On the heels of Earth Day, I was greeted — no shocked — by yet another environmental disaster that was located somewhere in the Gulf of Mexico: an oil rig exploded and spilled oil off the Louisiana coast. I take the conservative’s stand in most respects, but not when it comes to environmental concerns.
With the oil spill disaster in the Gulf expected to wreak havoc on our environment and the livelihoods of so many Americans, I continue to get visceral reactions to the images of this catastrophe that are reported by the media. So how have you been reacting to pictures of dirty beaches, toxic brown sludge in the waters and oil-covered wildlife? I’m sure you’re as disgusted and outraged as I am. It’s gotten so that I don’t want to see these images any more — they’ve been too disturbing. And as agitated as I am about this, I’m not sure exactly what we can do about this but sit and watch events unfold.
With lots of people angry, some have turned into anti-BP crusaders. For instance, there’s the “Boycott BP” Facebook community at 750,000 members strong and counting. While protesters have their hearts in the right place, it’s been pointed out that boycotting isn’t an effective strategy (meaning you’re not really affecting BP this way) since only a small part of the company’s profits is obtained from retail gas sales, as the Christian Monitor explains.
The fuel the 10,000 BP gas stations in the United States pumps also comes from a variety of refineries, so consumers can’t be sure they’re buying oil that came from a BP well. And the stations are all run by small business owners with contracts to BP, which are difficult and costly to break.
“Anytime you boycott a local gas station you’re doing far more harm to that station owner than who they’re buying their gas from.”
And here’s another take on this by Newsweek.
So is there really nothing much we can do? Well, some creative types took it upon themselves to find an outlet for their frustrations. I’d like to share this BP logo redesign contest with you, courtesy of logomyway.com: bash British Petroleum and win $200. Here’s a peek at some compelling entries:
Something even more clever is the New Yorker’s take on this tragic disaster. Their latest cover is called After Escher: Gulf Sky and Water. I call it “Escher In Oil”.
Thoughts On Environmental Disasters
I’ve seen first hand, as someone who grew up and once lived in Asia, how the environment can just conspire against you when you don’t treat it right. As it stands, many of us are already succumbing to the pressures and consequences of environmental change. And not in a good way.
They’re stating that this oil spill is all an accident, but I can’t help but feel that there wasn’t enough that was done here to try to prevent the accident from happening. And I’m saddened about how big business can do so much damage and easily neutralize the work that so many environmentally conscious folks have tried to achieve with their own simple lifestyle changes. No, it’s not all about money, or the pursuit of big money. There’s a lot that’s far more important — society, the world, people, the Earth and all its creatures, health, relationships. Prevention would have been so much cheaper. So much cheaper.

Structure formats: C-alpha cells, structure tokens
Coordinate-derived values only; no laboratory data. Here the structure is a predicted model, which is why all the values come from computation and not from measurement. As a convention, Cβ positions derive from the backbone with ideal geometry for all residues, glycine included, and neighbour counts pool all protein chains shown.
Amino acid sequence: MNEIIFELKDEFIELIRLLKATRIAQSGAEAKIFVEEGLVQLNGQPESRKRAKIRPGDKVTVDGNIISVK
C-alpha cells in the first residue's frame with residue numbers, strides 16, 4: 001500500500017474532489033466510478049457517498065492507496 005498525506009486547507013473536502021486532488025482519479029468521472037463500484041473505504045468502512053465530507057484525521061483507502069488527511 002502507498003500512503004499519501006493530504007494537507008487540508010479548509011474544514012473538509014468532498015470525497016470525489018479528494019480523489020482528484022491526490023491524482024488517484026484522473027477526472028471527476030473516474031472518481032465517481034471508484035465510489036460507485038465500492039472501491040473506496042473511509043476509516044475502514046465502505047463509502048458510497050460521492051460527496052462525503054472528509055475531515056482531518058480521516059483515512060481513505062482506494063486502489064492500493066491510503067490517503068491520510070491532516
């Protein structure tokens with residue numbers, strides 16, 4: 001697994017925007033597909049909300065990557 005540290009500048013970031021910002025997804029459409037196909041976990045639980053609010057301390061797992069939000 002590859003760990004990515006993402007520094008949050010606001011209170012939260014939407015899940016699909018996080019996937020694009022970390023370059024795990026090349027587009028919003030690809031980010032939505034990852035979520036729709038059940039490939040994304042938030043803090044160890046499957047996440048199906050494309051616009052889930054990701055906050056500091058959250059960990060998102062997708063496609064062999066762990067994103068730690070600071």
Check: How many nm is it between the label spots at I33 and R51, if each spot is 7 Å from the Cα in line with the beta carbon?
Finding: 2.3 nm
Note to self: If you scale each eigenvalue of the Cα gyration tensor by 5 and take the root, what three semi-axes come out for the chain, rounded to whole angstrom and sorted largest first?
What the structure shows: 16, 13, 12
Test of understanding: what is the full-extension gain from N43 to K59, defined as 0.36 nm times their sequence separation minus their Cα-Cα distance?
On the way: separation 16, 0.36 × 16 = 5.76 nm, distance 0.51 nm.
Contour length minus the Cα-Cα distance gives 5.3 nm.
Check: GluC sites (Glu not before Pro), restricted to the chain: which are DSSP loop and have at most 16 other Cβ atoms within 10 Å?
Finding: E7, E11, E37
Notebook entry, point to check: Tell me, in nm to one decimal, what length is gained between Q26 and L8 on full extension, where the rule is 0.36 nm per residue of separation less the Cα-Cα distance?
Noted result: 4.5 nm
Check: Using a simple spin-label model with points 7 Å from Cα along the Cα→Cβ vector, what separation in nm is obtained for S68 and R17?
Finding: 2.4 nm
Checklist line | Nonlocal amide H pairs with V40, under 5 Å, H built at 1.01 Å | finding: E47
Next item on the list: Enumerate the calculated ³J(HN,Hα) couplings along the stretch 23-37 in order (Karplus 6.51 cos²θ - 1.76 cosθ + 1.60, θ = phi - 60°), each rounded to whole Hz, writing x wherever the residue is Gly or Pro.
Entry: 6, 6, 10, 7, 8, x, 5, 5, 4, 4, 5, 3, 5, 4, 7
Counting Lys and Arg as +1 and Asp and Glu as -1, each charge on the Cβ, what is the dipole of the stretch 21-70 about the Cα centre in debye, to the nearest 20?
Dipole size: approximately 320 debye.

Image from CNN.com
And the costs here are hard to fathom, ranging from those incurred by British Petroleum (who claims responsibility for this) and Oyster farmers who make a living off the wetlands to the rest of the ecosystem in the surrounding areas. There are probably long term effects you won’t be hearing about till much later too, affecting people who live around the impacted areas.
Sometimes the cynic in me kicks in and I wonder — what good is there to try to do the small things (for a goal, mission or cause) when some big thing can just come along and wreck everything? And being a personal finance blogger, this is not too far-fetched an analogy you’d make to compare what happens to our own personal finances either: how frustrating is it to be doing the small (and the right) things (e.g. saving small bits of money here and there) when some big catastrophic event can just blow away your efforts? And many times, that emergency fund won’t be enough. It helps, but it may not be enough.
Something went wrong here when some people got together to try to figure out how to manage the risks of something like this happening. For more of a community’s view on the oil spill disaster, take a look at this Reddit thread on the topic. Interesting how there are some claims that a $500,000 device could have prevented a potential cost of $560 million and counting (info lifted from the aforementioned Reddit discussion).
An acoustic trigger is a football-sized remote control that uses sound waves to communicate with the valve on the seabed floor and close it. It costs about $500,000. This rig had a replacement cost of about $560 million. The cleanup costs are still spiraling.
Quite an incredibly sobering way to teach us about risk management and the importance of preparation and prevention. Here’s hoping that “the powers that be” can get control of this situation soon.
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